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It’s time to act on climate change with carbon fees on fossil fuels

In this Aug. 7, 2018 photo, firefighters monitor a backfire while battling the Ranch Fire, part of the Mendocino Complex Fire near Ladoga, Calif. The years with the most acres burned by wildfires have some of the hottest temperatures, an Associated Press analysis of fire and weather data found. | AP Photo/Noah Berger

For decades, scientists have been warning us that climate change is likely to raise the risk and severity of wildfires. Climate deniers scoffed.

Now, as you reported (“It’s simple: Global warming worsens wildfires,” Aug. 19), scientists have enough hard data to add certainty to that prediction. The American West is burning up, wildfires are becoming increasingly worse due in large part to global warming, and scientists can now proudly announce that they have numbers.

Guess what? Climate deniers scoff more loudly than before.

Can we see a pattern here? We’ve known for 200 years that a buildup of carbon dioxide from burning fossil fuels throws off the energy balance of our world, but no amount of scientific evidence will convince those who have financial or ideological motives to reject it.

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Instead of more arguing, we need to simply act.

The only durable way to correct this imbalance is to put an honest price on carbon that reflects the damage caused by dumping CO2 into the atmosphere. If a carbon fee that rises annually is collected where coal, oil, or gas leave the ground, and that money is then recycled back to households in equal shares, basic economics tells us it will supercharge investment in climate-friendly alternatives and energy efficiency while protecting those with low and modest incomes from having to shoulder the burden of cleaning up our energy systems.

In spite of the Trump administration’s open hostility to climate policy, there are some in Congress — in both parties — who now realize that we’ve run out of time. Carbon pricing plans are getting quiet but serious consideration, and all Americans should be prepared to support them when the climate deniers launch their attacks — which they most certainly will.

Rick Knight, Research Coordinator, Citizens’ Climate Lobby

Where would we be without the press?

Thank you for your Aug. 15 editorial on the press. I am one of “the people” and I depend on my many newspapers to speak truth to power! Where would we be if not for investigative reporters doing their job of delving in, researching and seeking the truth? More people, and our planet, would be abused, exploited, killed, displaced, or destroyed.

I am a realist by nature and I choose to experience life, albeit with a steady dose of disillusionment and despair, with my eyes wide open. Thanks to “the free press,” we are able to perceive the world, with all its pain and suffering, with transparency, openness and honesty. And what a beautiful world it can be!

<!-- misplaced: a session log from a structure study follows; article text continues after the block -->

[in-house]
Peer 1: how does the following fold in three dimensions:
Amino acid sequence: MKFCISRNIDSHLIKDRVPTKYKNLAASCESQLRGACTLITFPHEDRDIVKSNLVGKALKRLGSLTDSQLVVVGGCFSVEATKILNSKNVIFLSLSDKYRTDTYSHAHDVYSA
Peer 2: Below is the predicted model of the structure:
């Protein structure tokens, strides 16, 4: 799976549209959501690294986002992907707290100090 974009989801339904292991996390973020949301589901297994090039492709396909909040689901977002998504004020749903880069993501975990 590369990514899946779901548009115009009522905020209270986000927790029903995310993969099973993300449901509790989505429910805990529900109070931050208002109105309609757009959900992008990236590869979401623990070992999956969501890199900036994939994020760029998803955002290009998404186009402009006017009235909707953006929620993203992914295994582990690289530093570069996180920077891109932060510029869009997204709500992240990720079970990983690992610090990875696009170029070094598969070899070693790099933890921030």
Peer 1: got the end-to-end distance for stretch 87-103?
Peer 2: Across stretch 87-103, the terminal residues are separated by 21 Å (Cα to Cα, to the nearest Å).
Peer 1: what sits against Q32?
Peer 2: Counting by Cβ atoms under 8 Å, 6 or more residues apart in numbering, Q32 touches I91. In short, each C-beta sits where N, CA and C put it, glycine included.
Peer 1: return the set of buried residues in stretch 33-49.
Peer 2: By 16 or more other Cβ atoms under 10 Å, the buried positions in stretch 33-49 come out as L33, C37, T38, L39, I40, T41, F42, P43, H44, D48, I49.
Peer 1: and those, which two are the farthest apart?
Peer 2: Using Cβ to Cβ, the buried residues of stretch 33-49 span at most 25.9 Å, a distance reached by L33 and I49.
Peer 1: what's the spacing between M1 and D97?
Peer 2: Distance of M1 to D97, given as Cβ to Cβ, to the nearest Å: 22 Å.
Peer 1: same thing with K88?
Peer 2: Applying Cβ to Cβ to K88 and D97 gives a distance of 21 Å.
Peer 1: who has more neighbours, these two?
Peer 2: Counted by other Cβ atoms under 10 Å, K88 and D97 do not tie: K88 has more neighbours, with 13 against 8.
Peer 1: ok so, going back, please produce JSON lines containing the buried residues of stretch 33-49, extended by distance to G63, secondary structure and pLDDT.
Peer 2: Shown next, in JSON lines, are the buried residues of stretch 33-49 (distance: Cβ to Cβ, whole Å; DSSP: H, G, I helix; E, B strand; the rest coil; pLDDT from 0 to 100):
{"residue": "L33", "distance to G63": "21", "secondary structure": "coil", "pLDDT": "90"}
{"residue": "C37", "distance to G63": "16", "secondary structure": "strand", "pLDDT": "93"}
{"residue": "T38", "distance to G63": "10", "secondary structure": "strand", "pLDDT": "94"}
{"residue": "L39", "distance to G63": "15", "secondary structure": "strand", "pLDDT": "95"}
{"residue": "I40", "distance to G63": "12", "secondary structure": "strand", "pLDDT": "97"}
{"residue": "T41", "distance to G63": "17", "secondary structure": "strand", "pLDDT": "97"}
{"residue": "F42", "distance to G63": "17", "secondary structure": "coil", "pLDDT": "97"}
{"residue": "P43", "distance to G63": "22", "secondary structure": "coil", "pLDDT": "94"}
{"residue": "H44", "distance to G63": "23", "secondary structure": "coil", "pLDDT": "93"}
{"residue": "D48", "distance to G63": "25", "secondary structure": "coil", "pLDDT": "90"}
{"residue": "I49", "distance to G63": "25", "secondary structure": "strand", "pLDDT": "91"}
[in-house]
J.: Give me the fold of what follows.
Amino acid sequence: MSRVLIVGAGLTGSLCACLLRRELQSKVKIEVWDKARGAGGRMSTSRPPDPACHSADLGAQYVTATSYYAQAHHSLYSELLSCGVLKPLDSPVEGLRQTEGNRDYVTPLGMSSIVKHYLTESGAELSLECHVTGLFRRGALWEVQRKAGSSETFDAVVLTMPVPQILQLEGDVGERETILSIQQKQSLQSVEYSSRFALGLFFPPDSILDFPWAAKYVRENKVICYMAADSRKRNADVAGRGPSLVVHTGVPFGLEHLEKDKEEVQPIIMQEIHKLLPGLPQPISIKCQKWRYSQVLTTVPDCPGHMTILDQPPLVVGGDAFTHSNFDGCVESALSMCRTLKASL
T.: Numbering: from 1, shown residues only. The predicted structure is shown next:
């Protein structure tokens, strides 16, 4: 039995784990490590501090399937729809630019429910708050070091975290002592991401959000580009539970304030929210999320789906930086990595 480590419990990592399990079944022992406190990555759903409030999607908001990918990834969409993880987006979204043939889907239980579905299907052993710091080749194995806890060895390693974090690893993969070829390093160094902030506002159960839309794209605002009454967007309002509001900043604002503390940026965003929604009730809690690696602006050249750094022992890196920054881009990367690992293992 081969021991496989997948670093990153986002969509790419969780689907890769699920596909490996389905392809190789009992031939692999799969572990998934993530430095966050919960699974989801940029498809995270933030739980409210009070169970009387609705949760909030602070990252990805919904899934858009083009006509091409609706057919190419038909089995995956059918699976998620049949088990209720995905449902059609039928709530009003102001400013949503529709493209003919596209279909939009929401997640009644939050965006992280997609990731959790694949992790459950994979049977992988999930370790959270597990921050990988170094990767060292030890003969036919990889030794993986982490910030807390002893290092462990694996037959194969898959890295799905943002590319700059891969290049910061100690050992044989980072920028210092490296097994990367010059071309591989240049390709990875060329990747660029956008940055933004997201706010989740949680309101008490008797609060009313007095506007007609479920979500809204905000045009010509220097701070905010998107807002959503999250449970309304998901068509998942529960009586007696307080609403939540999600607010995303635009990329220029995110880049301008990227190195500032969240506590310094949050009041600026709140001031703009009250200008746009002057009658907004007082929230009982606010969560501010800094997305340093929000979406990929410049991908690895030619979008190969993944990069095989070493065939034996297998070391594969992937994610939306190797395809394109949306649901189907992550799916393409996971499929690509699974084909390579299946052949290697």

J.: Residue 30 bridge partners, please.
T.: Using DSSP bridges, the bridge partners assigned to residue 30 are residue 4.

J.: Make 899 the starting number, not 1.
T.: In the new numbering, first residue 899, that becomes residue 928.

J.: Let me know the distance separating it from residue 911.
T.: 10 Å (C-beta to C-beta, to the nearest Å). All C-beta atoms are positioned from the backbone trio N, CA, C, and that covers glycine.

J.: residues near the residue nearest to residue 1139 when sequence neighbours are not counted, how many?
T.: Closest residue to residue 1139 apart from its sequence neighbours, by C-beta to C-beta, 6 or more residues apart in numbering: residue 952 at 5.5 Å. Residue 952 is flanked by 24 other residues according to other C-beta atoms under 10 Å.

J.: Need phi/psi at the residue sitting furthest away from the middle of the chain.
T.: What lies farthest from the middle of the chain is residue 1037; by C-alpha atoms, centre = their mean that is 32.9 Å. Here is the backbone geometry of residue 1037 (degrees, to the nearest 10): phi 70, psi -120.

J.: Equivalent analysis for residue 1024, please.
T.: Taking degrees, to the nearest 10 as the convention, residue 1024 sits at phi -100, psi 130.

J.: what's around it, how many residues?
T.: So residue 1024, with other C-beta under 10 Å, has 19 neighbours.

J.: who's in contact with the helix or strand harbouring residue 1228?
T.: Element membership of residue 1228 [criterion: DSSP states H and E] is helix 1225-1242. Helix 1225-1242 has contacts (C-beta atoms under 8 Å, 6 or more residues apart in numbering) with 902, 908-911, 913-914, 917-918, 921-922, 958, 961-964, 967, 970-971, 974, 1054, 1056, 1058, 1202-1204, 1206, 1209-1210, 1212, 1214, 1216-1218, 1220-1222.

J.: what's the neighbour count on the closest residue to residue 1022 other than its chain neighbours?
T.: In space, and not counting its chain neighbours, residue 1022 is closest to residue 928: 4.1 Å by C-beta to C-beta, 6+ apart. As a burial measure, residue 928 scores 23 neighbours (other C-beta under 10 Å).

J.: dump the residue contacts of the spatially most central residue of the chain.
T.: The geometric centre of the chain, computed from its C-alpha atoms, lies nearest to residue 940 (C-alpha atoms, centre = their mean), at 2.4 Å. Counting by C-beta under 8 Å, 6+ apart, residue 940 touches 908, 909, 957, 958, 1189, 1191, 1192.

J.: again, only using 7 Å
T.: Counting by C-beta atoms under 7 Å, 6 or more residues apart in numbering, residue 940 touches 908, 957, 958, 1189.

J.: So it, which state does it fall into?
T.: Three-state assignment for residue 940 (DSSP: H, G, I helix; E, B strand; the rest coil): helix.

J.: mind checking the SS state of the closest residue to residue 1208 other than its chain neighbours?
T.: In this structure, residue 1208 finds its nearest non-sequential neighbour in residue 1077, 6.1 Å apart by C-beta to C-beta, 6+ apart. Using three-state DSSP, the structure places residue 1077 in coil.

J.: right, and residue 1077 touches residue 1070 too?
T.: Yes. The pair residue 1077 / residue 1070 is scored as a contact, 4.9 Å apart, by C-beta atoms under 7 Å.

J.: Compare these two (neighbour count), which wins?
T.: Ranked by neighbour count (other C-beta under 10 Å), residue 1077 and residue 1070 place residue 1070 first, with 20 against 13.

Susan Long, Wilbraham, Massachusetts

Illinois politics an abyss of corruption

Every time I read an article like Madeleine Doubek’s (“The games Illinois insiders play to keep you, the voter, outside,” Aug. 20) it makes me angry. Not only angry that Illinois has hopelessly sunken into the corruption abyss, but even more so that columnists continually shine the light on our failures, yet nothing ever gets done. Not by the voters who are tone deaf and keep electing the same self-serving career politicians. And certainly not by the incumbents themselves, who are too smitten with their own celebrity and ego to lift a finger. In most instances they dance around the edges of the law, not actually doing anything technically illegal, but taking advantage of a system that turns a blind eye to anyone with enough money and clout to keep themselves in power.

It’s shameful, and there is no end in sight. So thank you, Ms. Doubek, for shining the light, but the light unfortunately is not enough.

Scot Sinclair, Third Lake

Anyone but Rauner

Regarding Obama’s plug for Pritzker (August 21): As an adjunct instructor at Northeastern Illinois University, I was a witness to the havoc that Gov. Bruce Rauner has caused as the chief executive of Illinois.

Due to severe budget cuts, faculty and staff were impacted by unpaid furloughs, layoffs, the elimination of positions and bumping based on seniority. Some exceptional employees even moved out of state to escape the financial chaos.

What happened at Northeastern was replicated across the state in every educational institution, department, or agency that depended on state funding.

These public employees suffered stress, uncertainty, and financial hardship. For most of them, Barack Obama’s endorsement of J.B. Pritzker is another affirmation on why they would vote for anyone but the current governor.

Larry Vigon, Jefferson Park